Often times people run their tempo runs at paces too fast for the training benefits. There is a mentality and a belief that you need to go out as fast as you can during a tempo run, and be huffing and puffing, however, going out that hard trains a completely different system. Once you pass your lactic acid threshold (by going too fast and not allowing your body to clear out the lactic acid byproduct that is accumulating in your muscles) it is very hard to recover throughout the rest of the run and you lose the potential gains a tempo run promotes. Rather this process needs to be gradual, allowing your body to slowly increase its ability to remove accumulated lactic acid from your muscles.
The duration of a tempo run is also key. Often times people go for 45-60-minute tempo runs, feeling like the pace was doable, however, if you are able to maintain a comfortable consistent pace for 60-minutes, then you aren’t training your lactic threshold, and you aren’t working hard enough to move your lactic threshold line to allow speed gains. A tempo run should be designed around 20-30-minutes of “comfortably hard” running that allows you to push your lactic threshold line and trains your body to remove lactic acid at this faster challenging pace, but not so fast that you overload your body with lactic acid at a rate that cannot be removed/recovered from.
I N T E R V A L R U N
Interval runs consist of hard, fast running for short periods of time followed by a rest period, running hard, rest, repeat, repeat. Interval pace is faster than your 5K.
In interval training, you are running at fast paces, utilizing carbs for fuel to increase the production of lactic acid in your body, aka creating a build-up/surplus of lactic acid, during a running “burst” that is immediately followed by a rest period. The build-up of lactic acid from running at fast speeds followed by a rest period allows your body time to remove that lactic acid so that you recover before starting another interval/running “burst” to again flood your body with lactic acid. Repeating this type of training allows your body to learn how to clear lactic acid at a faster rate.
As noted under tempo runs, people often try to run at interval paces when doing a tempo run resulting in fewer miles and an inability to move that lactic threshold line appropriately. Additionally, if you are going out too fast for your interval run/paces you are not going to allow your body to properly recover from the surplus of lactic acid you have flooded it with, aka the lactic acid surplus is too large and your body is not able to remove enough before your next interval, resulting in an amount of lactic acid your body is not able to process for the duration of the workout, preventing system training to remove lactic acid at a faster rate. You must also be sure to allow enough rest between the intervals so that you remove as much lactic acid as possible and then once again run at that hard/fast pace.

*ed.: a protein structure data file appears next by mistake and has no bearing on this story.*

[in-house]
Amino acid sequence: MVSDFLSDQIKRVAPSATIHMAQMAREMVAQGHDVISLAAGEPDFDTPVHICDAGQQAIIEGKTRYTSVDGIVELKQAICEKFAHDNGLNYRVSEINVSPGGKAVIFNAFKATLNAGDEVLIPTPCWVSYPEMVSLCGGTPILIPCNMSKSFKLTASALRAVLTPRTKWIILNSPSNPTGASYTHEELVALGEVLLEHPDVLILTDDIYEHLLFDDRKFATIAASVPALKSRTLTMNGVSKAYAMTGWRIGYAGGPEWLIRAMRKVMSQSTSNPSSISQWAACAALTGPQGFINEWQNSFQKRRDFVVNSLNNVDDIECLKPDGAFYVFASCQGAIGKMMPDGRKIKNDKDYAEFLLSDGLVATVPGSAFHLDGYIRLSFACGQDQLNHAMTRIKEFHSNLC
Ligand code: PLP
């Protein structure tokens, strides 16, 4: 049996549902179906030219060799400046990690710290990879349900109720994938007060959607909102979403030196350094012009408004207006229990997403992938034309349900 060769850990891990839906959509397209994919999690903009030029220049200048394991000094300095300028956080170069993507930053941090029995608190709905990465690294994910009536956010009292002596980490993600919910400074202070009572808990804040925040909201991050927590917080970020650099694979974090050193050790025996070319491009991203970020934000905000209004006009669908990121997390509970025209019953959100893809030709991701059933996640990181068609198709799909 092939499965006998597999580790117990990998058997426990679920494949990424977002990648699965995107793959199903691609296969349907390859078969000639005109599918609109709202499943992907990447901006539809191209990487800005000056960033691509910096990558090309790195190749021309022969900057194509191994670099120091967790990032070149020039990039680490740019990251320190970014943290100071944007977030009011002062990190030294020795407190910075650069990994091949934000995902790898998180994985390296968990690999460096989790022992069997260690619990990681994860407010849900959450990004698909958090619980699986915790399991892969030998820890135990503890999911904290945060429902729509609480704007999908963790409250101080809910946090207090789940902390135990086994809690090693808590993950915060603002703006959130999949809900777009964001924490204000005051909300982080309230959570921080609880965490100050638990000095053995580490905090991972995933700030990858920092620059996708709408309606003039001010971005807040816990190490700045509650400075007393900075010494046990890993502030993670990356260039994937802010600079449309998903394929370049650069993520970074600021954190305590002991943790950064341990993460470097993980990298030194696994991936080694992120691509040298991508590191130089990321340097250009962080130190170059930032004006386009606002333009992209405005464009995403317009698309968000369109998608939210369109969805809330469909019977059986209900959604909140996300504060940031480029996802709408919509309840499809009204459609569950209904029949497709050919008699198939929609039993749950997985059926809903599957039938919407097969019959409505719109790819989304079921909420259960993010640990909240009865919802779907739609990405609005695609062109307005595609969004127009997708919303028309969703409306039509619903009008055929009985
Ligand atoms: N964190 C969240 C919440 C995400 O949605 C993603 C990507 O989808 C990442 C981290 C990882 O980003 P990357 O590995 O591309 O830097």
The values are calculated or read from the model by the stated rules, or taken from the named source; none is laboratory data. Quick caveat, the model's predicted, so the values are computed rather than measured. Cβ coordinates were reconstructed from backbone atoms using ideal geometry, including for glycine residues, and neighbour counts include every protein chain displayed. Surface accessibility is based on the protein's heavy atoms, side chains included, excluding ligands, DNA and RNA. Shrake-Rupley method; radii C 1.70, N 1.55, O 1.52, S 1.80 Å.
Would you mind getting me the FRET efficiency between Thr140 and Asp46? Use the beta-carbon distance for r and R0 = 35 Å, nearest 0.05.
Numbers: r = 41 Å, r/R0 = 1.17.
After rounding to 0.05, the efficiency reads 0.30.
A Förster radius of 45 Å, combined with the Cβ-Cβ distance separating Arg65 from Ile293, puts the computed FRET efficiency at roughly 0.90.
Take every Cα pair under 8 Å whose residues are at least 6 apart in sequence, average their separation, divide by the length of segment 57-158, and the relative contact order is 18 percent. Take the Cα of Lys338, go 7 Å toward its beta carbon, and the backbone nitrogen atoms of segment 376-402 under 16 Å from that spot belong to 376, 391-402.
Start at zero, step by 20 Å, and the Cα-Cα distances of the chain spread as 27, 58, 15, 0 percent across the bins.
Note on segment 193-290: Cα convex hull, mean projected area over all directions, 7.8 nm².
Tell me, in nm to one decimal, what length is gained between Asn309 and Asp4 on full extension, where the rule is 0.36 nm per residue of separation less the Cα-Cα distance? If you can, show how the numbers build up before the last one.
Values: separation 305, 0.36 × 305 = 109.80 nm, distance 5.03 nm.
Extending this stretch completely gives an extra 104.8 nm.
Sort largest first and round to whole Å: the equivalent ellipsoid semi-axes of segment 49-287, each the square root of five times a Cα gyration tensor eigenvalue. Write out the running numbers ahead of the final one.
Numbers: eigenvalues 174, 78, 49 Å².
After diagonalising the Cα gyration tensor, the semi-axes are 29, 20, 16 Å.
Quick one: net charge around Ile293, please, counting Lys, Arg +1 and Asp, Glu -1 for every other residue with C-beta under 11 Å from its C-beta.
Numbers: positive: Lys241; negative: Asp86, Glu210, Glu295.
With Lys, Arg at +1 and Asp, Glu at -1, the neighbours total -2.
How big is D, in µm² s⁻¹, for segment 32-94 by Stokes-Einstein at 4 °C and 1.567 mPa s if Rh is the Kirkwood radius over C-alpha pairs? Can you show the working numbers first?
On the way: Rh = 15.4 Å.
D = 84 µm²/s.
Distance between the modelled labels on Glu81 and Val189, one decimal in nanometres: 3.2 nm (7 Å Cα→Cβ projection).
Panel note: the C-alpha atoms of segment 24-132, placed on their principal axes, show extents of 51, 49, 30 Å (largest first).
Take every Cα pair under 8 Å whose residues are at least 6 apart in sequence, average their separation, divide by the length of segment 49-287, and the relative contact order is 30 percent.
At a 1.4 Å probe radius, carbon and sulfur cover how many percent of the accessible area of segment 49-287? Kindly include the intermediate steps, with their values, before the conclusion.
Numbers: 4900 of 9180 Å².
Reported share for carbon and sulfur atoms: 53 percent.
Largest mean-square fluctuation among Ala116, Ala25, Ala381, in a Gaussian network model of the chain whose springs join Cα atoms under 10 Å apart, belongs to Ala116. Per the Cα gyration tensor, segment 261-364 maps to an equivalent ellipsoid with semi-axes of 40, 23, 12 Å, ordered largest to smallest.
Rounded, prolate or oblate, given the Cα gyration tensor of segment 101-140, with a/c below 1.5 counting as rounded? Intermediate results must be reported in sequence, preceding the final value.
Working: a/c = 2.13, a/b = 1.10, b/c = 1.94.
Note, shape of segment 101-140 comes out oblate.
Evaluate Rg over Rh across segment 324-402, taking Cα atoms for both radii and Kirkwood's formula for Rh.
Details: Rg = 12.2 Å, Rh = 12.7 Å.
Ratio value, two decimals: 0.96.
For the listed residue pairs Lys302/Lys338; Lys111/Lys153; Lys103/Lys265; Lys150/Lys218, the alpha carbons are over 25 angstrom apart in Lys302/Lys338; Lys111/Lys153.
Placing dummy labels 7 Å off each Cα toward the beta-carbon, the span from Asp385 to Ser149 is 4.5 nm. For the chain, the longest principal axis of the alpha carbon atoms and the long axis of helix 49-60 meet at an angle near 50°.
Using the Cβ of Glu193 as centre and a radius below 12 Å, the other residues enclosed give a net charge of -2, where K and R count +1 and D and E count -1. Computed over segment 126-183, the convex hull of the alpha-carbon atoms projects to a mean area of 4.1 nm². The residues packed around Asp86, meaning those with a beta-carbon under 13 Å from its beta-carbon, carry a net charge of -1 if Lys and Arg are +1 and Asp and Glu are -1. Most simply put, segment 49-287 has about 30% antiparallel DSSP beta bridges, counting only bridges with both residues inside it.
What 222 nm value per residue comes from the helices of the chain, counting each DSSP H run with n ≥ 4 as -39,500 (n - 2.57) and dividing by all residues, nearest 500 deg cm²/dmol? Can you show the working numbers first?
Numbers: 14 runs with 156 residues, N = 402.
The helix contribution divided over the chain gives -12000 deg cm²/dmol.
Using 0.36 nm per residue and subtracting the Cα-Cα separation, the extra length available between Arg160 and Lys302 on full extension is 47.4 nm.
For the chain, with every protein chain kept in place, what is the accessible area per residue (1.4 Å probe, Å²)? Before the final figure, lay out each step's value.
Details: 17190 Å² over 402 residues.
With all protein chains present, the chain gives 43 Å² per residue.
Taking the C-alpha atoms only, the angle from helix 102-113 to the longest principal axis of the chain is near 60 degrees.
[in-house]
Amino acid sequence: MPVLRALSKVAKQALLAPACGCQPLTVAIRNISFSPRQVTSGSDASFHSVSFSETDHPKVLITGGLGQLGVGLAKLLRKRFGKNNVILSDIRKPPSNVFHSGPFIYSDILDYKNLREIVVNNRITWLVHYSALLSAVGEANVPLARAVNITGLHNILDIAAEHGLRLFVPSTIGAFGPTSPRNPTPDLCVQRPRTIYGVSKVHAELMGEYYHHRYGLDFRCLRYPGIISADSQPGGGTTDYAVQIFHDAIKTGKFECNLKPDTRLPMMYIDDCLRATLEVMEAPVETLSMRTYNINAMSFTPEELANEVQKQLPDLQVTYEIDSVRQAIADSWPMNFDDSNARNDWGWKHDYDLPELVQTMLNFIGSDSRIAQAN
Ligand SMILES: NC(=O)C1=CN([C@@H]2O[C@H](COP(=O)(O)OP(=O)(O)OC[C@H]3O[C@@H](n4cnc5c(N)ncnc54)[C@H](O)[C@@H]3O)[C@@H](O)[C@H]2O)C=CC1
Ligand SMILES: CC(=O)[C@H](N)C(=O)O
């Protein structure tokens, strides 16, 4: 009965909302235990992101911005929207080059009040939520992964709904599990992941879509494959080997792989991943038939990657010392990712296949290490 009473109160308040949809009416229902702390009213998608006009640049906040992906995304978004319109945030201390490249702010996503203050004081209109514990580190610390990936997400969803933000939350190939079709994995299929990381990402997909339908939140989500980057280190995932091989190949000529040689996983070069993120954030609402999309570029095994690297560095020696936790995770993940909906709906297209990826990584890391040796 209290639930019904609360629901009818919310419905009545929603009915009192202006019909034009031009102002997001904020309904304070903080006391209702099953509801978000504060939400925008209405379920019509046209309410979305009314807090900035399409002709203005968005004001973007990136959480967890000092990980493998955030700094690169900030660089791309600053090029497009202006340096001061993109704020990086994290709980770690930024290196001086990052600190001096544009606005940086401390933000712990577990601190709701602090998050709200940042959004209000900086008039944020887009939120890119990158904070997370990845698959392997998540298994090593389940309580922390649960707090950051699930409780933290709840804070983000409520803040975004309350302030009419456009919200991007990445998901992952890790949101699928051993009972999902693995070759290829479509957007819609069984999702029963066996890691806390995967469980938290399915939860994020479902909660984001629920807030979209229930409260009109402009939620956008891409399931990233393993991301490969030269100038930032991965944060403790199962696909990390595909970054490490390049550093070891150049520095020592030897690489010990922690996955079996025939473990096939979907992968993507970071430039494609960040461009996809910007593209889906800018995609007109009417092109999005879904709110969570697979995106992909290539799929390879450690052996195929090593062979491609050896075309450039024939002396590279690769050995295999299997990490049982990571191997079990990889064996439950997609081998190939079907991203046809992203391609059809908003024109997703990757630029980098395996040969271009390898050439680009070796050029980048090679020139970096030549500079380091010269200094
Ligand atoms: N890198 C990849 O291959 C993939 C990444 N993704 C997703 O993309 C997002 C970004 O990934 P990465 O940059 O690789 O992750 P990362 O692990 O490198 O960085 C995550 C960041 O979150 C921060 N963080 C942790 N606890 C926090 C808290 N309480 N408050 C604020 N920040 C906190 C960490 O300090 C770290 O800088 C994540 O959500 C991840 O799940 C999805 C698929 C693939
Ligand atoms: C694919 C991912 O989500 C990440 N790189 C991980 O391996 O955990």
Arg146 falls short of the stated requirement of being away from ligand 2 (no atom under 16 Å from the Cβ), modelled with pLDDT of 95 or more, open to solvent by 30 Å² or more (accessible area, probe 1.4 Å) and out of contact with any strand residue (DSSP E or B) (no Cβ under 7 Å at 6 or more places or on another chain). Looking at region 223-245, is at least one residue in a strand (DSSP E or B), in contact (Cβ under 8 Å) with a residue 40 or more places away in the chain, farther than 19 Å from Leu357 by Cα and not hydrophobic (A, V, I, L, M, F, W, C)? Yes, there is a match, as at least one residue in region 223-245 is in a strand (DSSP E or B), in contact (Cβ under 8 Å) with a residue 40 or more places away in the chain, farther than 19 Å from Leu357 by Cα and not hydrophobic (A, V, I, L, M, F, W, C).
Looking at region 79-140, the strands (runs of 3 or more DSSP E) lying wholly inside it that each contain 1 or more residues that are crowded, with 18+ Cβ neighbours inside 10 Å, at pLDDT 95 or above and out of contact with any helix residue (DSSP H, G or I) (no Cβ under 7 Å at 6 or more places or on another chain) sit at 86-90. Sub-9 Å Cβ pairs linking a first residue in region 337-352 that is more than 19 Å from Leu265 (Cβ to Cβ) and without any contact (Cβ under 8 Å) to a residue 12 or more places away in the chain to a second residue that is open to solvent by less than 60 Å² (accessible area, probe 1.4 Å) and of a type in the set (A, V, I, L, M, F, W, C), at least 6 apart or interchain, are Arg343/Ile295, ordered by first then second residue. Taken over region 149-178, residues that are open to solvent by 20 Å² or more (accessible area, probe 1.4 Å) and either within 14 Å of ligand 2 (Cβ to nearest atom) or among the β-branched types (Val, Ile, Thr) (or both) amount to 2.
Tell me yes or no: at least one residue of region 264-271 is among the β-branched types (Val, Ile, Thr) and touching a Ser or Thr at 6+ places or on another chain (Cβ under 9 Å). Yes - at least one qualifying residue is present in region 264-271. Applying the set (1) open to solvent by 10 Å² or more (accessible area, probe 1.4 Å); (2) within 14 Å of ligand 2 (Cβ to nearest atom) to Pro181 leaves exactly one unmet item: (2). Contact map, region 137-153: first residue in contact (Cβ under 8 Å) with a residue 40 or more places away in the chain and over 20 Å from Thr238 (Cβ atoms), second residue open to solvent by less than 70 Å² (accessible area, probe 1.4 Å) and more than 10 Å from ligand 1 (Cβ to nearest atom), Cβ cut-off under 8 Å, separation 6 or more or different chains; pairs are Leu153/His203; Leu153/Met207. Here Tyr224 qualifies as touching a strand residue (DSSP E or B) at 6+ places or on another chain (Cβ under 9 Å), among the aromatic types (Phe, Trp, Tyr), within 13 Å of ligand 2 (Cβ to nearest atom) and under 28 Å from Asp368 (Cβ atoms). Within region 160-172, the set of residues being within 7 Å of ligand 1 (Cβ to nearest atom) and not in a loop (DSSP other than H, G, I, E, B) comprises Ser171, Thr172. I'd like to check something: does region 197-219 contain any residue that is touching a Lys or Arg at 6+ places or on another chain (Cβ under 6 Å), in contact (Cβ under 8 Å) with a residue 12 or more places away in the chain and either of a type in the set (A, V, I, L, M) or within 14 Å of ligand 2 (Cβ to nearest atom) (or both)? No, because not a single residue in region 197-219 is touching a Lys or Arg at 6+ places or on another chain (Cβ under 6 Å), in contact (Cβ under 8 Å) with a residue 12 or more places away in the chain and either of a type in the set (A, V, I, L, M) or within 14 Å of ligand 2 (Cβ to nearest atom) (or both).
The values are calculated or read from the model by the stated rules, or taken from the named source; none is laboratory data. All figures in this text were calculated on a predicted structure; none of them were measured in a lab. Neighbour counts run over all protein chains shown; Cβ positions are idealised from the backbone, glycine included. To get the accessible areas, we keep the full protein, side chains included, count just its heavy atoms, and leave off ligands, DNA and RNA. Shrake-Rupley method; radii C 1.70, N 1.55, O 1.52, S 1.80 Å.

M A R A T H O N P A C E
Somewhere between your easy run. A minute to a minute and a half slower than your 5K pace and should feel just a little bit harder than your easy run, but not as challenging as a tempo run. You should be able to maintain this pace for 2-4 hours.
Running at marathon pace (not reaching your lactic threshold like in a tempo run or flooding your body with a surplus of lactic acid like in your interval training) is meant to train your body on utilizing oxygen to burn fat to create energy. When you run at an aerobic level, utilizing more oxygen at a slower pace, you are training your body to create more energy for itself. Your body learns to use the oxygen in an efficient way at this pace allowing you to expend energy at this pace for a long period of time.
Going out too fast. If you start out too fast you are using too many carbs resulting in lactic acid. If you go to slow you aren’t training your body to use oxygen efficiently at that pace, so if that is your marathon pace goal, your body won’t be as prepared on race day.